Rudolf Bultmann, the most important New Testament scholar in the history of Christianity, died on the 30th of July, 1976.
Fundamentalists and the ignorant have demonized Bultmann as some sort of heretic but nothing could be further from the truth, as anyone who has bothered to read Bultmann’s bio or even his sermons knows.
Take a little time to read Bultmann, instead of reading about Bultmann, and you’ll come to appreciate the great man for yourself.
Lest we forget…
Bultmann’s most celebrated volume needs no introduction. No one unfamiliar with it since its first publication has ever studied the New Testament seriously.
Pick up a copy if you don’t already have it.
Rudolf Karl Bultmann, the greatest New Testament exegete of the 20th century (and as yet still unsurpassed as the best New Testament exegete of all time) died on the 30th of July in 1976. In honor of the great man, here’s a photo gallery. Here’s a recent book about him. Here’s a fun essay about him. Here’s a quote from the quotable chap. And here’s a reminiscence on the anniversary of his death I posted several years ago.
Rudolf, you were and remain the greatest New Testament scholar of your generation and ours.
As related by Kurt Anders Richardson on FB-
Some years ago as a visiting prof at Uni Marburg theologische Fakultaet, I was told several times by different people about a certain non-lecture event. On the morning after that first Nazi pogrom, “Kristallnacht”, the regular lecture of Rudolf Bultmann was to take place.
His usual hall was on the third floor in the south east corner of the building with windows on two sides. For years the view had included the Synagogue of Marburg; but now, it was a smoking foundation.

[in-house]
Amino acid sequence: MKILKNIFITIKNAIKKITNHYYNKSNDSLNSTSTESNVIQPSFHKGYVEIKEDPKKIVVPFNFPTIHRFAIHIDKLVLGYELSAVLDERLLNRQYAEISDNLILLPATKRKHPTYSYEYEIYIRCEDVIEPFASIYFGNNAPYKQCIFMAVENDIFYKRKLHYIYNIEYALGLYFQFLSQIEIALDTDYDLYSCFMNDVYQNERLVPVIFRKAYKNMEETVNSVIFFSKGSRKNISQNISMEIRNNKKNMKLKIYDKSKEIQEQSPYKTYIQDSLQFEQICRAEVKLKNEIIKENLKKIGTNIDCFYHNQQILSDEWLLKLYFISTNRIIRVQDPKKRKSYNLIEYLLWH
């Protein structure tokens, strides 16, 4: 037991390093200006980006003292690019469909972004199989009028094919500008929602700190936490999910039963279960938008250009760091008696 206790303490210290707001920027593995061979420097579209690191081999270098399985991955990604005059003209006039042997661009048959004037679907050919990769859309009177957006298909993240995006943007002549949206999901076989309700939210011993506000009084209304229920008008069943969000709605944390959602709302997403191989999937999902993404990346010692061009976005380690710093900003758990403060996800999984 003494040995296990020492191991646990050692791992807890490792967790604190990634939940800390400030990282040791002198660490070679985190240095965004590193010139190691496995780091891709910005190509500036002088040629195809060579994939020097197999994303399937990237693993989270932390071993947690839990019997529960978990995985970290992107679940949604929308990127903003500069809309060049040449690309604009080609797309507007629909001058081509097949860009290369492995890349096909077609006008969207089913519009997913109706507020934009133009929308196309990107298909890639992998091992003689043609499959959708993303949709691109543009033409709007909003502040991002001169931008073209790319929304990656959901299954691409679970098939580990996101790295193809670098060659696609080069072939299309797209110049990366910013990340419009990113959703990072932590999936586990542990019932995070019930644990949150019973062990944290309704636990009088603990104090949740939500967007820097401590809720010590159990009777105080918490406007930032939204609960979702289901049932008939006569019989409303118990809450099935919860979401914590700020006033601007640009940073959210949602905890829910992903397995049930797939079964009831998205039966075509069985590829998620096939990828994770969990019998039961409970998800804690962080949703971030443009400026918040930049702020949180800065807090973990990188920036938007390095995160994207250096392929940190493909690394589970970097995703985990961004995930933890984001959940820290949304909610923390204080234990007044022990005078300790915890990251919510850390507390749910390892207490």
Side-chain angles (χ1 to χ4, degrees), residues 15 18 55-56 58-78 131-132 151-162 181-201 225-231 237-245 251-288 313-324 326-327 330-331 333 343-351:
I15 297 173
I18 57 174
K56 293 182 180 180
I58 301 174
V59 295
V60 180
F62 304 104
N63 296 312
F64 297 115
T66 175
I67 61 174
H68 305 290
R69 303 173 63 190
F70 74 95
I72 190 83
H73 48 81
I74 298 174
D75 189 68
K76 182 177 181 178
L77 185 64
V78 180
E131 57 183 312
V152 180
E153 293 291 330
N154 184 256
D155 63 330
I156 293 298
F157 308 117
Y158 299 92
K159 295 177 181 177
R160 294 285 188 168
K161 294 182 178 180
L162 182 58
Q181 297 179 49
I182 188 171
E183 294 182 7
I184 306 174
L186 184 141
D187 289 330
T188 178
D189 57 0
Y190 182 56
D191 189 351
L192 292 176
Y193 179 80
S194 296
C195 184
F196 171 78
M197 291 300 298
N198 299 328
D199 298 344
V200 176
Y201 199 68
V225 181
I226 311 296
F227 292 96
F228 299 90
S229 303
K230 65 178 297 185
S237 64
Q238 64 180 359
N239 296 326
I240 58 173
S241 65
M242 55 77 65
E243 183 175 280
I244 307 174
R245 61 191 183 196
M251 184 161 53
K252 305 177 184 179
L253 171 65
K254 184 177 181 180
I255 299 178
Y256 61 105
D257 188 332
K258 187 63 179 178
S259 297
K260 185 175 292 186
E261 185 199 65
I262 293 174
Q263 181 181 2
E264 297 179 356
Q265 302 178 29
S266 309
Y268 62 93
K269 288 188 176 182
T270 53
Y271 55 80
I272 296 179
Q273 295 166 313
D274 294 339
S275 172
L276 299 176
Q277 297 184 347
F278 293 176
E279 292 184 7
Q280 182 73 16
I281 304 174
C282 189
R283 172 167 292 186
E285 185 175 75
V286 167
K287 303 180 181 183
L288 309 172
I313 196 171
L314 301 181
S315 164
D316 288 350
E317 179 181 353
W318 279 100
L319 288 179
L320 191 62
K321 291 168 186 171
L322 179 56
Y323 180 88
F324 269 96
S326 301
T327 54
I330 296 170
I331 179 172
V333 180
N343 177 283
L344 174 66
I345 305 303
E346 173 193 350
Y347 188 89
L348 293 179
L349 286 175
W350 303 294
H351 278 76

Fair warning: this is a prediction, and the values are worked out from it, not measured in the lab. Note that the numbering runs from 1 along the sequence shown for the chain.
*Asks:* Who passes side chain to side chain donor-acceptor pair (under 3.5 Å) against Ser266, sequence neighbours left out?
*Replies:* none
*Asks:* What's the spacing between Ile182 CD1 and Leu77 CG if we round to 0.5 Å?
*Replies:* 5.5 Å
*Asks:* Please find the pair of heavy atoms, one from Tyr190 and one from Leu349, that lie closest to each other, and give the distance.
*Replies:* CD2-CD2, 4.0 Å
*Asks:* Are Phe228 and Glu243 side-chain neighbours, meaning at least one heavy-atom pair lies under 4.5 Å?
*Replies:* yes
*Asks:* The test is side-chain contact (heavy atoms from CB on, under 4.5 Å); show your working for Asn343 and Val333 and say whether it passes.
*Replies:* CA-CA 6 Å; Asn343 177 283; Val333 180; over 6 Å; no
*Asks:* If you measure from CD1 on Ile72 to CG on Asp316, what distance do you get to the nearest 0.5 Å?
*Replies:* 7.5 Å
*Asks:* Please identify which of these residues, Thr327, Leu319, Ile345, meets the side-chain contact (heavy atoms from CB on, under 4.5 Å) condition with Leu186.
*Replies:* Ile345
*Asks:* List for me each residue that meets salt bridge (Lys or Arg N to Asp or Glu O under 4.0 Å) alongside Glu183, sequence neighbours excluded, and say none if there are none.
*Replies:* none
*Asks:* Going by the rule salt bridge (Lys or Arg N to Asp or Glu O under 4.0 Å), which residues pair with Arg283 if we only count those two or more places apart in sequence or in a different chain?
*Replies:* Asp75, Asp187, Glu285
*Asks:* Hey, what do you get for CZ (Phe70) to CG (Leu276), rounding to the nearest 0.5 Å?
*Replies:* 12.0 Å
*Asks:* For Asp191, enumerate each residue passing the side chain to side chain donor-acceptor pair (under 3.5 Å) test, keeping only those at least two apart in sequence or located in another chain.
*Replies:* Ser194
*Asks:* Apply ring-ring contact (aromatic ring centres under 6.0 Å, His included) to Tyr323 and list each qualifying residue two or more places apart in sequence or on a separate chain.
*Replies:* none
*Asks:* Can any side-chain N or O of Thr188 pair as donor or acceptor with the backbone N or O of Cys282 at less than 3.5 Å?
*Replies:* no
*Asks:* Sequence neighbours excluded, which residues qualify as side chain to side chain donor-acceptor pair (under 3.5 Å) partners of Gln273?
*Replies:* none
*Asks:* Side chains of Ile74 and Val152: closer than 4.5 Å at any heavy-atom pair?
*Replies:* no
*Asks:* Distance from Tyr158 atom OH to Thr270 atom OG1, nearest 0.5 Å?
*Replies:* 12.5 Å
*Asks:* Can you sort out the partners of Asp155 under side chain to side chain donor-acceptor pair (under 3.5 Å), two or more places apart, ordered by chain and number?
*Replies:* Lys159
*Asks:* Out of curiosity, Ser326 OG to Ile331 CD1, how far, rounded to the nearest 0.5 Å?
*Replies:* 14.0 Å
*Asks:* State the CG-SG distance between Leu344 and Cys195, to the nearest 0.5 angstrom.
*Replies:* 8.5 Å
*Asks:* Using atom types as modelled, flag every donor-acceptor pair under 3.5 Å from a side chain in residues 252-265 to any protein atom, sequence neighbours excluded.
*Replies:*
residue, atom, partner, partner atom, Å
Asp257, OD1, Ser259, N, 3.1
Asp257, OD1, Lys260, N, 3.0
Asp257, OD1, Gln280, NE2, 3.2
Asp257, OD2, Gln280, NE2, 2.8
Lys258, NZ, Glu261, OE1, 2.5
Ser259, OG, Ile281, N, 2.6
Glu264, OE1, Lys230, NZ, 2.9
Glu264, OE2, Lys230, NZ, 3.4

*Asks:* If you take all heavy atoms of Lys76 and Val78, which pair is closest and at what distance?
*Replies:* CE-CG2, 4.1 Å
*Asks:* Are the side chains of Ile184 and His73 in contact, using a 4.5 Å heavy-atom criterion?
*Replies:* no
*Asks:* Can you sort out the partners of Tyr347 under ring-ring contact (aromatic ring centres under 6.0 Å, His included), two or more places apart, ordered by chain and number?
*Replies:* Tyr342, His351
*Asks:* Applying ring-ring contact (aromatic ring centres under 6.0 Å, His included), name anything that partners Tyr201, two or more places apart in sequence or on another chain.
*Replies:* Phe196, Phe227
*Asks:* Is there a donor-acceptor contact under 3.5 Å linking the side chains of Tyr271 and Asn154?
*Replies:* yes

Bultmann walked in at his usual time to a packed and silent room, everyone braced to hear what he might have to say – although all were now fearful to say anything. He came to the lectern, opened his folder, but immediately turned away from the students, walking over to the windows. For the entire period Bultmann stood staring out the window at the empty space and made no sound whatsoever. At the end of the time he returned to his notes, closed the folder, and walked out of the room.
Sometimes, many times indeed, silence speaks loudest of all. Bultmann became a member of the Confessing Church and an inveterate foe of the ‘German Christians’ and Naziism. Because of his standing he was left alone. Had he been a man of less importance there is no reason to believe he wouldn’t have died in a death camp.
Emil Brunner writes
Christ desires no invisible army. He wants a host of such a kind that even the children of this world, who know nothing of faith nor want to know, will be able to note that there is something mightily at work within these “called-soldiers”; that they obey a mighty Other and no longer their own wills.
An invisible church is no church at all just as an invisible disciple is no disciple at all and invisible obedience is no real obedience at all. If Christianity isn’t visible, it isn’t Christianity. All those who believe faith is a ‘private’ matter wish it to be an ‘invisible’ matter and thus anything but true faith.